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Deep Sea Conservation Coalition
  • Date submitted: 3 Nov 2011
  • Stakeholder type: Major Group
  • Submission Document: Download
  • Additional Document:

Protecting the Deep Seas: Recommendations to the United Nations Conference on Sustainable Development (Rio +20), 4-6 June 2012, Rio de Janeiro, Brazil


Measures for Deep-Sea Conservation in Areas Beyond National Jurisdiction The Deep Sea Conservation Coalition (DSCC) urges that the States at the United Nations Conference on Sustainable Development (Rio+20) call for the following measures to address the threats posed by unsustainable fishing practices to the deep seas:

1. States and regional fisheries management organizations/agreements (RFMO/As) should immediately cease authorizing vessels to fish in areas where there is not full implementation of the United Nations General Assembly (UNGA) resolutions 61/105 and 64/72 with respect to the management of deep-sea fisheries in areas beyond national jurisdiction.

2. Any high seas bottom fishery that is not in full compliance with existing UNGA resolutions should be considered illegal, unreported and unregulated (IUU) and market States should treat it as such.

3. In view of the weight of scientific evidence, the United Nations Conference on Sustainable Development (UNCSD, Rio+20) should agree that the single most destructive fishing method in areas outside national jurisdiction?deep-sea bottom trawling on the high seas?is phased out within 3 years.

In addition, it is clear that more transparency is required by flag States and RFMO/As, including in the conduct, public availability and review of impact assessments of bottom fisheries in the high seas.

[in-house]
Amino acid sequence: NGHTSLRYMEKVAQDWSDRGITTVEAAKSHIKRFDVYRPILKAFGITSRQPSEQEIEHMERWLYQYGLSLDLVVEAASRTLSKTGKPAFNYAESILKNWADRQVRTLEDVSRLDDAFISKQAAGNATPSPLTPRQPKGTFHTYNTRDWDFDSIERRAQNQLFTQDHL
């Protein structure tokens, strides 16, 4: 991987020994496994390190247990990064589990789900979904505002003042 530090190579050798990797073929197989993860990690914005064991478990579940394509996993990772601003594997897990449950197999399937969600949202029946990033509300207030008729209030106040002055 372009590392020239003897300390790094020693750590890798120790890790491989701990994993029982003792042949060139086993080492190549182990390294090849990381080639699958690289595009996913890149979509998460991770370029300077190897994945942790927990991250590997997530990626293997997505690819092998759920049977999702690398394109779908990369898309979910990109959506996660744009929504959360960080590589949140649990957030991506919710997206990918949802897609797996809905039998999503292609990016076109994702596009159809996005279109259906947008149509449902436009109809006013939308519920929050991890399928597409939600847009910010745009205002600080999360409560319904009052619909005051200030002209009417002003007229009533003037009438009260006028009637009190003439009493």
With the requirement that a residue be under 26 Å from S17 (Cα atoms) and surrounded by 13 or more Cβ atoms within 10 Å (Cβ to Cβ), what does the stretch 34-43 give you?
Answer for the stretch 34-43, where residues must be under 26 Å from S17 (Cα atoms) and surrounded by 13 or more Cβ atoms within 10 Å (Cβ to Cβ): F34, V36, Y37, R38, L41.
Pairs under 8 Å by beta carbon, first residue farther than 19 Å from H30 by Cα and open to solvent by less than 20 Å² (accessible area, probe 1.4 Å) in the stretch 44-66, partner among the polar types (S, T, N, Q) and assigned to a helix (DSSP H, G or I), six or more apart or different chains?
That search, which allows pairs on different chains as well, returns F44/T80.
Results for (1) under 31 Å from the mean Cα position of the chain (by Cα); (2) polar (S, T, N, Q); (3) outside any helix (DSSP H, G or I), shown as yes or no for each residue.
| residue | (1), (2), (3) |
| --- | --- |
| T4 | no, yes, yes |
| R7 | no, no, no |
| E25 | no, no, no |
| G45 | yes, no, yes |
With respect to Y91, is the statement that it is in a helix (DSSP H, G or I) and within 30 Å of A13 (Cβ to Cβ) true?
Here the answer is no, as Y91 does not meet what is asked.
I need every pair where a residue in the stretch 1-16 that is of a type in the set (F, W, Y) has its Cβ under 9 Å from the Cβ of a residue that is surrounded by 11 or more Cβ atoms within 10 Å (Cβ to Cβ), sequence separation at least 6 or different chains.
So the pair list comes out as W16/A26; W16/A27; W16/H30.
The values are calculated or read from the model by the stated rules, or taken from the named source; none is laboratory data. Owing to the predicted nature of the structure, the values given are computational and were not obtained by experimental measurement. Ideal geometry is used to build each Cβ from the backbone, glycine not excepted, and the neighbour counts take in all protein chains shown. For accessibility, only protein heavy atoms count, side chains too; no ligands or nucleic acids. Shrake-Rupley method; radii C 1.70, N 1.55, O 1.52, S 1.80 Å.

Measures for the High Seas, Including the Deep Sea

States at Rio+20 should agree to initiate a negotiating process towards a new implementing agreement under the United Nations Law of the Sea Convention (UNCLOS) for the protection, conservation and sustainable use of biodiversity in areas beyond national jurisdiction. Such an agreement should include:

 A framework for the conduct of comprehensive prior environmental impact assessments (EIAs) and strategic environmental assessments (SEAs), together with ongoing and regular monitoring of the marine environment;

 Identification, designation and management of a global network of high seas marine protected areas (MPAs), including in particular no-take reserves and consistent with the criteria agreed under the Convention on Biological Diversity (CBD);

 Implementation of the precautionary principle and ecosystem based approach in decision making and fisheries management; and

 The reform of RFMOs to incorporate a broader ecosystem conservation focus.

Brief Overview of Bottom Trawling

The DSCC is a coalition of over seventy non-governmental organizations concerned about threats to deep sea biodiversity. The DSCC was founded in 2004 to address the issue of bottom trawling on the high seas in the absence of an effective governance regime.

The DSCC is focused on achieving three overarching goals:

i) To substantially reduce the greatest threats to life in the deep seas;

ii) To safeguard the long-term health, integrity, and resilience of deep-sea ecosystems; and

iii) To promote the development of effective governance regimes to ensure the protection and preservation of the marine environment in areas beyond national jurisdiction.

The protection of biodiversity in the deep sea in areas beyond national jurisdiction ? the high seas - has been extensively debated by the UNGA and other international fora. The method are among the most destructive in fishing, akin to clear cutting the forest across an entire mountain range to hunt wild birds.

Trawl nets with heavy doors and rollers are dragged across the ocean floor, crushing coral, sponges other bottom (benthic) structures and lifeforms as they go. Deep sea species in general are slow growing and slow to breed, meaning that fishing in the deep sea is, with very few exceptions, unsustainable in terms of targeted species, as well as bycatch species such as deep-sea sharks. The deep-sea corals, some of which are thousands of years old, are easily damaged and can take many decades or centuries to recover.